he psychology of religion is the study and interpretation of recognized faiths using contemporary methods of Western psychology. The history of the discipline is divided into three main periods of research: From 1880 to World War II; post-war to the 1960s; and 1970 to the present day. In its formative period, noted researchers and psychologists such as Sigmund Freud, Carl Jung, G. Stanley Hall and William James all came to prominence and their work investigated themes including prayer, emotion, religious growth and conversion, mysticism, the paranormal, revival movements, and a wide assortment of issues linking the psychosocial dynamics that exist between culture, society and religion.
Freud was convinced of the superiority of science and the secular society. Because of this, he endeavored to use psychoanalysis as a kind of "cure of souls," with the result leading to his proclamation of religion as a historical vestige. Jung is known as the founding father of analytical psychology, and his valorization of the transformative potential of religion was based on the related concepts of the collective unconscious and individuation. It was Jung's belief that beneath Freud's theory of personal unconscious lay a collective unconscious containing a variety of universal archetypes, conceived as forms known by their cultural and religious expressions and effects on each individual psyche. Jung's concept of the "unchurched" was a mystical form of self-actualization still held in high regard today.
In North America, psychology of religion primarily stemmed from two major figures, G. Stanley Hall and William James. Hall and James were sympathetic towards religion, both having been drawn initially to theological education and the ministry, and each believing in the value of a progressive social worldview. Hall developed the view that religion was socially adaptive. His 1917 publication "Jesus, the Christ, in the Light of Psychology" proposed the theory that religious figures embodied higher forms of morality. He argued that psychology could help mankind to actualize those ethical ideals. James proclaimed experience as having greater importance than religious theology. Despite the perception that Hall was the main instigator of the psychology of religion, it is James, author of the classic 1902 publication "The Varieties of Religious Experience," who continues to bear great influence on the field. Unlike Freud and Jung, James never developed a therapeutic system. Despite this he became the most prolific and philosophically astute of the American contributors.
The culmination of the Second World War saw new resources being introduced into the psychology of religion. Immigration allowed intellectuals representing a variety of different religions from Europe, Asia and North American into greater dialogue and exchanges of ideas. The rise of the therapeutic culture made way for the valorization of the individual over and above the communal whole. With the far-reaching impact of this new science, the perception was that psychology was becoming a dominant cultural vehicle for personal introspection. The 1950s and 1960s saw a resurgence of Jung's psychology, as well as an extension of previous attempts at developing phenomenological, existential, and humanistic elements into the psychology of religion. In his 1950 publication "The Individual and His Religion," noted psychologist Gordon Allport made the distinction between mature, intrinsic forms of religious orientation and more immature, extrinsic ones. In extrinsic forms of religious orientation, Allport thought that individuals treated religion as a means to an end, and that this could lead to egoistical and wish-fulfilling forms of behavior. Allport's typology led to the creation of an influential empirical correlational scale known as the Religious Orientation Scale, which measured extrinsic and intrinsic forms of religious behavior.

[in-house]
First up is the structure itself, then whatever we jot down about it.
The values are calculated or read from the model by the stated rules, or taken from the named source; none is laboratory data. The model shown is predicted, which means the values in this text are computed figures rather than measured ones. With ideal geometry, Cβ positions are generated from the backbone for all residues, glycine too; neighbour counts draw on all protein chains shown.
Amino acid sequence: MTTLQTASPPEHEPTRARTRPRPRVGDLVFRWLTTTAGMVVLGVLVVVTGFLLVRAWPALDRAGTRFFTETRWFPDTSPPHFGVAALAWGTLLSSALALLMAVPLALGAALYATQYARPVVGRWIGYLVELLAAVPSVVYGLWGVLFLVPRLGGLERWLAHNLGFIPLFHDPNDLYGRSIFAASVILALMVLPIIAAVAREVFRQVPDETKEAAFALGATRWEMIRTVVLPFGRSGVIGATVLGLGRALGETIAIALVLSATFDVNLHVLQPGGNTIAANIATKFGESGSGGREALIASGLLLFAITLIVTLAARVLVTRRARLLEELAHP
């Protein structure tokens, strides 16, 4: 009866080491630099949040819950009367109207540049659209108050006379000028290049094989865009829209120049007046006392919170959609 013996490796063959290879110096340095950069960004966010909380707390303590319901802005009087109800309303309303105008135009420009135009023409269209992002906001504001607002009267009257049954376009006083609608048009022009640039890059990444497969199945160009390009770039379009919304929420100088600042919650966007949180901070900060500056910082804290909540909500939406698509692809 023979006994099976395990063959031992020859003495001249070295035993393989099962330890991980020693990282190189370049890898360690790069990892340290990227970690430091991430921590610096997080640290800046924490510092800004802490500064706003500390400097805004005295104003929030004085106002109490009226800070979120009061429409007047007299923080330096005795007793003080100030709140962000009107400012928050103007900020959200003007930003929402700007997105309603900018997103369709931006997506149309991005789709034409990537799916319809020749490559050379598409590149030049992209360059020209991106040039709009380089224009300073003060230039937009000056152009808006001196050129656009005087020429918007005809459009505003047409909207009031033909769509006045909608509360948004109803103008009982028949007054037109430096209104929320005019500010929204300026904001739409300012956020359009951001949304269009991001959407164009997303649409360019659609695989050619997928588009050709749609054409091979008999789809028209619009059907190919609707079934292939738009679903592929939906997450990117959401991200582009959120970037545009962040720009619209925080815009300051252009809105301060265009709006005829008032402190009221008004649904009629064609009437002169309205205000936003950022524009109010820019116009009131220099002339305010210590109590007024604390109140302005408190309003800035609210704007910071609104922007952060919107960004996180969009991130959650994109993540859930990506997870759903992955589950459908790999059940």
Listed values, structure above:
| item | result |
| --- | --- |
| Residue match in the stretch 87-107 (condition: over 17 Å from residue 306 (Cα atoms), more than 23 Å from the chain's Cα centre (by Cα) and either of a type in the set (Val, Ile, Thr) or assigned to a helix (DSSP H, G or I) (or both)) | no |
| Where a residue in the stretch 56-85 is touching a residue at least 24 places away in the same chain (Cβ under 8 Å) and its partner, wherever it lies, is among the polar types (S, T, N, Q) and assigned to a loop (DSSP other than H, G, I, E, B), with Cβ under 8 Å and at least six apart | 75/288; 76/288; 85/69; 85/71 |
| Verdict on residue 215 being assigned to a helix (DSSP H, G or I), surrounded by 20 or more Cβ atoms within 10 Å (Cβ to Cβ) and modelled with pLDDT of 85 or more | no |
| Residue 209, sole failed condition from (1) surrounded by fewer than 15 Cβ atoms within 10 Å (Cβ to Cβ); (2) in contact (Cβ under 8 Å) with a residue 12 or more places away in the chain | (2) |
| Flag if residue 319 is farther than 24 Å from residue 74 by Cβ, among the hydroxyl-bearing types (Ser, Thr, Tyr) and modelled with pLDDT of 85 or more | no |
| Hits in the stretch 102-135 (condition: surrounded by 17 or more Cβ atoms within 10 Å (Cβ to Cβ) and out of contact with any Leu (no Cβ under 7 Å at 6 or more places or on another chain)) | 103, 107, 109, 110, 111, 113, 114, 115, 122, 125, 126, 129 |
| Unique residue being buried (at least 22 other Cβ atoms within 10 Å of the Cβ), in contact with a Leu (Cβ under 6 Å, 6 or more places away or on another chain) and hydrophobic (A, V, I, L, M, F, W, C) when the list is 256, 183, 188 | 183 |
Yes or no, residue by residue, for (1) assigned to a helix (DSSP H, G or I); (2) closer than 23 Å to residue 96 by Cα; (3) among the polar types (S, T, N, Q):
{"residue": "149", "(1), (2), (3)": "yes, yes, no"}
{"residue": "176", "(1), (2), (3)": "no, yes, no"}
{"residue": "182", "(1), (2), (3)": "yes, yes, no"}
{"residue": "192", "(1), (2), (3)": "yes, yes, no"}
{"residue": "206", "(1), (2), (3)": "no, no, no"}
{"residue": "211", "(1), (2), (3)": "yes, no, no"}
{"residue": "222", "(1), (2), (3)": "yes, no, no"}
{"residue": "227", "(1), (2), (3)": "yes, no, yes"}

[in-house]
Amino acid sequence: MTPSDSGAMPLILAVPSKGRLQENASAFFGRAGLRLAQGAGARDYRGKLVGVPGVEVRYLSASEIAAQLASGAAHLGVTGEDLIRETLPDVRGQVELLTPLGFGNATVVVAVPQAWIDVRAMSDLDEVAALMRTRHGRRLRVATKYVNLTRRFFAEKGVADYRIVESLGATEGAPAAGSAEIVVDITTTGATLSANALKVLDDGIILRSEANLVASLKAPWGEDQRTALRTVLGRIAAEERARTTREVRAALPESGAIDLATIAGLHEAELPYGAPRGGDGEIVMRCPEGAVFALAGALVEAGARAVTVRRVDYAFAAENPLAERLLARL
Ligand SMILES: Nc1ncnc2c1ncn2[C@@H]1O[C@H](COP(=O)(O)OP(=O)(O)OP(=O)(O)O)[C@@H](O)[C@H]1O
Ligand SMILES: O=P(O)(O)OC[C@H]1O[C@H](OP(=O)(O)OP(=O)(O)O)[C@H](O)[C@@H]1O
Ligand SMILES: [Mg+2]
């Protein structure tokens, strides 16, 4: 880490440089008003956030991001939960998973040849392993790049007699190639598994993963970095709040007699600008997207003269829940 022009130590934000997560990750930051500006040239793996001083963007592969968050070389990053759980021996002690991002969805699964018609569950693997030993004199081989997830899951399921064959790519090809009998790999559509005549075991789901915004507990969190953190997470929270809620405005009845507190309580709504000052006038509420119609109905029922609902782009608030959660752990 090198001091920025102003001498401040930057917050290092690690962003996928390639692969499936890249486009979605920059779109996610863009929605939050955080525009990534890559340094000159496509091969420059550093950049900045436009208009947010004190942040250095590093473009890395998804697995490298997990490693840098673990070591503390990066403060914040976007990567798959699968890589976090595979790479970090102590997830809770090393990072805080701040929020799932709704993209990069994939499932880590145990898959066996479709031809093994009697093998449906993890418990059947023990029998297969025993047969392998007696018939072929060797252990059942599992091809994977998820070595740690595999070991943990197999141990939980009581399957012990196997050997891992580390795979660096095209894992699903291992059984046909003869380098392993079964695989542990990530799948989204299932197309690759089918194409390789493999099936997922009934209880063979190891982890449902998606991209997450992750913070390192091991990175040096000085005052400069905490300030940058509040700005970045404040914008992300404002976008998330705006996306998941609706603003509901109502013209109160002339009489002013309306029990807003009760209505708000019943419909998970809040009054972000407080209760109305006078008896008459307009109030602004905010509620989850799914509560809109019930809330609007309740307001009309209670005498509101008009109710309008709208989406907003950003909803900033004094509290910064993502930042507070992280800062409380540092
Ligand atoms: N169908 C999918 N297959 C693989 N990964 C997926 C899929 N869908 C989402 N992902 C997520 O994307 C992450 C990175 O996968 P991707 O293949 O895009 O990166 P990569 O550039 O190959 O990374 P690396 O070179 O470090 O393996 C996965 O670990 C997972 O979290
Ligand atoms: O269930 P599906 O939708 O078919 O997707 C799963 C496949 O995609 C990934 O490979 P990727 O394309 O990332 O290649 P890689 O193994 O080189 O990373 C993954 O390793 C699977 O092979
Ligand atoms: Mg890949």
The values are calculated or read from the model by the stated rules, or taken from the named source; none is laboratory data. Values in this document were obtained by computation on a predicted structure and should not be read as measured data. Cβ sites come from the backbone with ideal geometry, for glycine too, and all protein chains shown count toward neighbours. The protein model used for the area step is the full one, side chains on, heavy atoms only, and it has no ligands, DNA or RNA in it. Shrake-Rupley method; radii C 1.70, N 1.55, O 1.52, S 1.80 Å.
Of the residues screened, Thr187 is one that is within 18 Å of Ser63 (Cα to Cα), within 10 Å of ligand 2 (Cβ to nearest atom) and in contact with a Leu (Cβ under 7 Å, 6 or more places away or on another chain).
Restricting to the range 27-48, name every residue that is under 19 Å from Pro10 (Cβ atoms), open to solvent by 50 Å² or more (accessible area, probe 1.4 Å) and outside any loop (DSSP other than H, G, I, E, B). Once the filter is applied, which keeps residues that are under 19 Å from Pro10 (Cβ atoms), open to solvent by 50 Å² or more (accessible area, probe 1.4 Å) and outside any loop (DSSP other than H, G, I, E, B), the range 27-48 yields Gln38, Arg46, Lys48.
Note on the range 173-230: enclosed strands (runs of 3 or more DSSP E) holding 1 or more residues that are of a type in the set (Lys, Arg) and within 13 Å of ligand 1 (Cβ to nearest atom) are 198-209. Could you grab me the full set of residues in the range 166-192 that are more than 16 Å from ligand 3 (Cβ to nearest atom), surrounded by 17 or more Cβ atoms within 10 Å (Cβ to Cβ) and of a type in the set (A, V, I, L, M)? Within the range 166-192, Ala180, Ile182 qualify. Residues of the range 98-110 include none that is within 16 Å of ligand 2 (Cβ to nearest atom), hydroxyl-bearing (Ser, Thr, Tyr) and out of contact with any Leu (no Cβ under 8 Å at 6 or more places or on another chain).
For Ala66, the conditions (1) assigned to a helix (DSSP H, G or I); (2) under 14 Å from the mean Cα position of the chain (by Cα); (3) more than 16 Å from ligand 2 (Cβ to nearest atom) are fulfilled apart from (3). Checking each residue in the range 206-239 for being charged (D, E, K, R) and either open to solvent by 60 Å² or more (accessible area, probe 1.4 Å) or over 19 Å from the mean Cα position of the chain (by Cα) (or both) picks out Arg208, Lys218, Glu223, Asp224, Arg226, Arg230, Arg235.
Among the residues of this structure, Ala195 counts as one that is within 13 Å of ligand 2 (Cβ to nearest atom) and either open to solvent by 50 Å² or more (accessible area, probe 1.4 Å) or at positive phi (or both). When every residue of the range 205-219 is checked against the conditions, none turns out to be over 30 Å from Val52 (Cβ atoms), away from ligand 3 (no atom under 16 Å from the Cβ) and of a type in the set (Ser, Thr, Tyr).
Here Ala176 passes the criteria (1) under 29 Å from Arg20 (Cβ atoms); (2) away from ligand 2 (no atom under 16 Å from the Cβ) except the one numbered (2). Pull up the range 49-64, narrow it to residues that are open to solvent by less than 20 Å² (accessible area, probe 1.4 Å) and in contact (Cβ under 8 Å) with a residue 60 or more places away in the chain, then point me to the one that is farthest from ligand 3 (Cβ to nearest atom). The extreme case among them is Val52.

There is a continued and expanding trend to include the psychology of religion as part of a more inclusive social scientific approach to religion. From this perspective psychology is a cultural science intertwined with the findings of sociology and anthropology in analyzing religious phenomena. Examples of this point are the works of sociologist Michael Carroll who marries social theory with psychoanalysis ("The Cult of the Virgin Mary," 1986); anthropologist Gananath Obeysekere, who uses cultural, psychological, anthropological, and philosophical theory to intepret Hindu ideas ("Medusa's Hair" 1981 and "The Work of Culture" 1990); and social scientist Peter Homans, who, in "The Ability to Mourn" (1989) fashioned an integration of social-scientific disciplines. This work focused on the psychodynamics of individual biography in the context of social change, in an attempt to understand the emergence of creative theorizing about religion in figures such as Jung and Freud.